Wearables and Preventative Health

on May 15, 2017
Reading Time: 3 minutes

When the idea of health and fitness wearables starting hitting the market, I was a critic of the health side. Mostly because I understood the health angle to be more focused on the value proposition of health monitoring for people who knew they had health issues. This is still the case for many people today.

My father, for example, has Type 2 Diabetes and uses his Apple Watch to monitor his blood sugar in real-time. He has written extensively about it and how he uses Apple Watch as a health monitoring tool. Even in our own research of the market, we noticed the trend of people speaking with their doctors and being recommended a Fitbit or Apple Watch to monitor heart rate for irregularities, to make sure they were getting enough exercise to assist in lowering blood pressure or help to strengthen heart health due to a condition. Overall health monitoring is a key part of a wearable’s value today, if you happen to have a condition in need of monitoring.

This was the root of my initial criticism. For myself, mid-thirties and not having any health issues, I didn’t see the value in health monitoring. However, where things start to get really interesting for those of us without health problems is as wearables begin to play a role in preventative health.

A report came out recently from an app called Cardiogram, which is said to predict an irregular heartbeat with up to 97% accuracy. Which becomes interesting if you had not been previously diagnosed with an irregular heartbeat. Having such an app on your Apple Watch can aid in discovering health problems before the person has any symptoms and thus help lead to treatment which can prevent further problems. This is just the tip of the iceberg for how a wearable can aid in preventative health.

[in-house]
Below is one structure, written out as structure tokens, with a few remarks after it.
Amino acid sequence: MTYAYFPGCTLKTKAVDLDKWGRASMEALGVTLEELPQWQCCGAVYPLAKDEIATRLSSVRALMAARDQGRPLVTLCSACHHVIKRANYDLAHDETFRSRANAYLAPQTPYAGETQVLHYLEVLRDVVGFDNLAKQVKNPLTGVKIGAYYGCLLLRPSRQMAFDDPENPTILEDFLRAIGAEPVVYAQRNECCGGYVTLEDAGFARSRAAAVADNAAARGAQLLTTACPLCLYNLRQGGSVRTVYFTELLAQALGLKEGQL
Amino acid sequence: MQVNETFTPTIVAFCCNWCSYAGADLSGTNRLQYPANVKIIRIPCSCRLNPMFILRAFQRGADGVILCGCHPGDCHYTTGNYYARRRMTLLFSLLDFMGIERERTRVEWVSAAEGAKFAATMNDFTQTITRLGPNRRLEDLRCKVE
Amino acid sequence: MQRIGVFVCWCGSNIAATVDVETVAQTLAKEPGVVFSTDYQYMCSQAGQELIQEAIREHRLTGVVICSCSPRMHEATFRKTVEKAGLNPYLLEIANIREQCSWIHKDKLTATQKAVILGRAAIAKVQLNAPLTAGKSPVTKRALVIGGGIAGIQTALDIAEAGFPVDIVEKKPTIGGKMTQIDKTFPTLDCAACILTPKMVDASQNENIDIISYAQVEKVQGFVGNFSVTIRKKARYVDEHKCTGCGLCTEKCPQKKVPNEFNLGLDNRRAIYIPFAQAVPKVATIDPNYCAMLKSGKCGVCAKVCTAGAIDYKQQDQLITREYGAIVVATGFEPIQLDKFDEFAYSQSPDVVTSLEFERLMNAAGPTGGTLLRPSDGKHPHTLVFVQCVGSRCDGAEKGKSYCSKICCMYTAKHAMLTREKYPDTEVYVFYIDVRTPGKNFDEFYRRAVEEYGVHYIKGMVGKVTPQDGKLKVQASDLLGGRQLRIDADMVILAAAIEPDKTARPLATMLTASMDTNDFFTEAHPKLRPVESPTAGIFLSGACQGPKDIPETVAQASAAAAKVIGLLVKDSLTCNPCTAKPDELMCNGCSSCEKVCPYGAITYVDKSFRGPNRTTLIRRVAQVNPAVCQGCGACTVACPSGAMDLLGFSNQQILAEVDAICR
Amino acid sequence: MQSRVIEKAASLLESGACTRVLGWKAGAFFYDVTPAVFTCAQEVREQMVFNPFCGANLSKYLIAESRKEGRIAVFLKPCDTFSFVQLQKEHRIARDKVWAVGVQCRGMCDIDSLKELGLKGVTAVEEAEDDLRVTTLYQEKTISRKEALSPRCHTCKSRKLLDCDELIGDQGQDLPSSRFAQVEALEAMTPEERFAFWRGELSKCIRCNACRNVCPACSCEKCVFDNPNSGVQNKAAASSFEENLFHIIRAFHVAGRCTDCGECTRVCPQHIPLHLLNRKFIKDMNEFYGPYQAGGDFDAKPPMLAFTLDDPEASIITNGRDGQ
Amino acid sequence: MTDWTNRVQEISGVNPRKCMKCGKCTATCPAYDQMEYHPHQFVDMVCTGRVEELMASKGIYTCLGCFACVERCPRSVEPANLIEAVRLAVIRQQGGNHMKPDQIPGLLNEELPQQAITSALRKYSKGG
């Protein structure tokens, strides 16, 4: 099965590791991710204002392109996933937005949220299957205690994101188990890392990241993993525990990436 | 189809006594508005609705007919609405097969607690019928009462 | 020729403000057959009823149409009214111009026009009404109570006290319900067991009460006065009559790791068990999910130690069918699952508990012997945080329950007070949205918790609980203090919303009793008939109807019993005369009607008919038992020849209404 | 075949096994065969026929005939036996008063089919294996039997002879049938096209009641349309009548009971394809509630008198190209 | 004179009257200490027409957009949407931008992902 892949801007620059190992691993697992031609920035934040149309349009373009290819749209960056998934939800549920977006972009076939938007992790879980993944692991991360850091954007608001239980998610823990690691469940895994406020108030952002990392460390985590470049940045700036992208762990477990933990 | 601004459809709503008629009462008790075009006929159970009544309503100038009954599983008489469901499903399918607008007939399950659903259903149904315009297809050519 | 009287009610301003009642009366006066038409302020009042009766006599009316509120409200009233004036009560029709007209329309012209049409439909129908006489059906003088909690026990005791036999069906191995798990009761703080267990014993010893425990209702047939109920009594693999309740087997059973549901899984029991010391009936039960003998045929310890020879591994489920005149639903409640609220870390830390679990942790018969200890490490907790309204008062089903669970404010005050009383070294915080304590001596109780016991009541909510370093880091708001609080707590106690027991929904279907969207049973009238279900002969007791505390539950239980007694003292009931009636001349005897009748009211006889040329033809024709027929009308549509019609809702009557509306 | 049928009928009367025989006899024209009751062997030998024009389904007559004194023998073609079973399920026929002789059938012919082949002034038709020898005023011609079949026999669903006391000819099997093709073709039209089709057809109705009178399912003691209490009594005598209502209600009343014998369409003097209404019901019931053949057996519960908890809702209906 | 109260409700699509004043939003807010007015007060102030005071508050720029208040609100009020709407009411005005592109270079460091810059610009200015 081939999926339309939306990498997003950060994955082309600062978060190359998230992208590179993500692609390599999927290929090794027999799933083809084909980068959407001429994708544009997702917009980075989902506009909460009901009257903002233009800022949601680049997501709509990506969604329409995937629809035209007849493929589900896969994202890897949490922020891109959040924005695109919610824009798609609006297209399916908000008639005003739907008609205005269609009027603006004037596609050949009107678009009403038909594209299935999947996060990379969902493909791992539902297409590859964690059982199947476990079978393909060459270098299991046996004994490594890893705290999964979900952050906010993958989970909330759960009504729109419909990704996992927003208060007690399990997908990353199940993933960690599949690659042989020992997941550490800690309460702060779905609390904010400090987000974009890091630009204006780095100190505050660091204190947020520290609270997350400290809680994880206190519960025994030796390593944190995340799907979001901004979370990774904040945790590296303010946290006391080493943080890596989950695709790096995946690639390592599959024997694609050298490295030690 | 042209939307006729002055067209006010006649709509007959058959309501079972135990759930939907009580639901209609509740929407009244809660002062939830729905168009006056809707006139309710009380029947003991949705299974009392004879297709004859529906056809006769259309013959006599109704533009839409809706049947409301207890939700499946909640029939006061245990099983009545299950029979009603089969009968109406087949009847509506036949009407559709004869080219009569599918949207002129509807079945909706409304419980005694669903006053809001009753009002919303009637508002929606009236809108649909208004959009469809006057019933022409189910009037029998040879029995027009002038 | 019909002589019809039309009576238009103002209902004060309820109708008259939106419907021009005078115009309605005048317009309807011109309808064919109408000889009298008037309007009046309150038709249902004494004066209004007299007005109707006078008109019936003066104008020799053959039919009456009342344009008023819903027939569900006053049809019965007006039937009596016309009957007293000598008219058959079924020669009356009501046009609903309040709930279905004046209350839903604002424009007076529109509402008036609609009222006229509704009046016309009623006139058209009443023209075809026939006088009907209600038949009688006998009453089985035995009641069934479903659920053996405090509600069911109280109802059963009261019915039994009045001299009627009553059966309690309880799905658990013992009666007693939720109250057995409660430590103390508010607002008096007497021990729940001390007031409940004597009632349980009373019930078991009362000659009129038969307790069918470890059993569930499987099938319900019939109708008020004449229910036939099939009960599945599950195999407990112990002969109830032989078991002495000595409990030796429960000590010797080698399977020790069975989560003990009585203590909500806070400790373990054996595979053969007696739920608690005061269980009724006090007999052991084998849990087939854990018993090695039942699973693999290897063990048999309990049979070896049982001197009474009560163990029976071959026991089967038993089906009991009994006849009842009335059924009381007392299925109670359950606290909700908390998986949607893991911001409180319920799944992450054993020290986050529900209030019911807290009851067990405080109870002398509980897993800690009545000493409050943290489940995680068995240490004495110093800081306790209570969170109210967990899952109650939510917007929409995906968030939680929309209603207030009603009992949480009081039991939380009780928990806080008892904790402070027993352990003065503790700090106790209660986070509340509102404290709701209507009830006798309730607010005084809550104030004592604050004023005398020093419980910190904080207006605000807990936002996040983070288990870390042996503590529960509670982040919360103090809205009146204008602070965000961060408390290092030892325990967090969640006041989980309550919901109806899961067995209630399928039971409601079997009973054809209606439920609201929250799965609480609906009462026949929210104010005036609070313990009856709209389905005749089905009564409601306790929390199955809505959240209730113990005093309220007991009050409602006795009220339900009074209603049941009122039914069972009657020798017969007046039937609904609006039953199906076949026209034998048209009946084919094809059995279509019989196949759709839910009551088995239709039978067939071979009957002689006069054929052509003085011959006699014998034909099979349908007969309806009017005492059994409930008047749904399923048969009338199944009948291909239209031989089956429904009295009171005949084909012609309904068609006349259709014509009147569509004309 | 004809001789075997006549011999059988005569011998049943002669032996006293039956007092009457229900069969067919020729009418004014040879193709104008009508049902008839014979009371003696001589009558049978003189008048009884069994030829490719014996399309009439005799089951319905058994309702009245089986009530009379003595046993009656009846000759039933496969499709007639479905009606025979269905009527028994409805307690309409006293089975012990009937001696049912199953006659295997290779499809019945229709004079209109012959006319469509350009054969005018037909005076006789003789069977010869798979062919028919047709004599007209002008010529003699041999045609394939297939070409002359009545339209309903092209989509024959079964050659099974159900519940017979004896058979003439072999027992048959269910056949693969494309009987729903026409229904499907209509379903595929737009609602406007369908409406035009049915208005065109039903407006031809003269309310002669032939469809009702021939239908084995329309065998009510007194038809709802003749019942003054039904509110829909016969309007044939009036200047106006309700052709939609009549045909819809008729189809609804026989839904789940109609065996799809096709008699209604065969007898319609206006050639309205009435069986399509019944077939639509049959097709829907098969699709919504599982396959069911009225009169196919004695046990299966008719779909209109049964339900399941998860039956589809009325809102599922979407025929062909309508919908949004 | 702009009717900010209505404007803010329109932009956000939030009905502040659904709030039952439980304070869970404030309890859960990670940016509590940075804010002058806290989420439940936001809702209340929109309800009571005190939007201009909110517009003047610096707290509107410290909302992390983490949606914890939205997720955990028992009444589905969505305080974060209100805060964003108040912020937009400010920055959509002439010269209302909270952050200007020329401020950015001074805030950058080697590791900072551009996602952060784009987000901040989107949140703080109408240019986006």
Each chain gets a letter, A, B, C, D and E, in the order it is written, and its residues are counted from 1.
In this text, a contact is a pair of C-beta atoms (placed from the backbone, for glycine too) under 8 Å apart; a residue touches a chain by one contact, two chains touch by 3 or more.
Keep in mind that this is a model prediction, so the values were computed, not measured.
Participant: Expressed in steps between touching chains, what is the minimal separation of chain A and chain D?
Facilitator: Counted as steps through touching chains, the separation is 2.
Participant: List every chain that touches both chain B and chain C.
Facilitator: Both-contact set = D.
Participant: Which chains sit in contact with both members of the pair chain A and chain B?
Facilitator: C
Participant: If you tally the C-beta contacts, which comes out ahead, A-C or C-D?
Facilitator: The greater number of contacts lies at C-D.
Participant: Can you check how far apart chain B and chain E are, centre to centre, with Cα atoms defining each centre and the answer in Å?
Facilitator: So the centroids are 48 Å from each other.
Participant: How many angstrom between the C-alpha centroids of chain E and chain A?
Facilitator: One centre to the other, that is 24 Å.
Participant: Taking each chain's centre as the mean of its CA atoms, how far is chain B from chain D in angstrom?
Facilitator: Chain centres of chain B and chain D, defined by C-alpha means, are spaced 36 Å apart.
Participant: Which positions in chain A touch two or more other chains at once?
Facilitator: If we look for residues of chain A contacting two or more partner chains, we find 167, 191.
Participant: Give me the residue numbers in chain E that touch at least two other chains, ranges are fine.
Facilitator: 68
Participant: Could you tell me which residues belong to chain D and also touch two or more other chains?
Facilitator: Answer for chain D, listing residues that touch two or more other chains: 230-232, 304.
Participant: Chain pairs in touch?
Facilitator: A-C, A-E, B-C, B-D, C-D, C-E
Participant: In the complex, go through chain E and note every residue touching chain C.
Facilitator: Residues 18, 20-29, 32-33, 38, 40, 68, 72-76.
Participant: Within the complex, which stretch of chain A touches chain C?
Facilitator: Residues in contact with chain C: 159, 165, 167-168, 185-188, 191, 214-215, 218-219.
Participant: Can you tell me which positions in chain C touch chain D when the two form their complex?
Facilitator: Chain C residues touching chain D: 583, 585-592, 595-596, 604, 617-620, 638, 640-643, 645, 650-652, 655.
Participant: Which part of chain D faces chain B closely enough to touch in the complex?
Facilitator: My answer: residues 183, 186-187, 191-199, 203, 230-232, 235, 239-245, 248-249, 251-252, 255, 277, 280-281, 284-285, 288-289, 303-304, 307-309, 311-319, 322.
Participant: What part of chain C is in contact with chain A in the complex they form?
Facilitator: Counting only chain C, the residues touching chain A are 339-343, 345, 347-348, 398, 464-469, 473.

I recently went in for my regular checkup with my doctor and she realized my blood pressure was starting to tip toward the hypertension range. This is the kind of thing I learned you don’t want to let go on for too long as it can create heart problems in the future. So I ordered a Bluetooth-connected blood pressure monitor to track my blood pressure throughout the day, something I’ve never done before but I was intent on getting my blood pressure lower and to avoid medication. Fascinatingly, through a process of elimination, I learned that gluten is a key culprit in not just raising my blood pressure but keeping it high. The simple process of eliminating gluten got my blood pressure back down below 120/80. This was something I would have never found out or discovered had I not been monitoring my blood pressure and analyzing what was causing it get and stay high. It was an eye-opening experience in using technology for preventative health.

The next logical step is to embed all these tools to check and monitor our vital signs (heart rate, blood pressure, blood sugar, and more), equip software to do deeper analysis of our data, and machine learning/AI to be proactive about finding things which may be damaging our bodies and organs then notify us so we can make changes to prevent any real damage. Oftentimes, diet is a key factor in disease but many people have no idea what the food they eat is doing to their bodies. Being able to monitor and check our vital signs in real time can lead to those insights and ultimately help humans make lifestyle decisions which can keep them healthier longer and spot diseases which could be prevented if detected early.

We are getting closer to having the technology which can do this. Rumors have been circling that both Apple and Google have been stepping up their initiatives to bring glucose/blood sugar monitoring to their wearable platforms. Friends in the health tech and health sciences have been saying there are promising technological breakthroughs which have happened that can pave the way to bringing blood pressure monitoring to things like Apple Watch in the short-term future as well. As interesting, and valuable, as the Apple Watch and other wearable platforms are today, their ultimate upside will be as they transition from health monitoring to preventative health.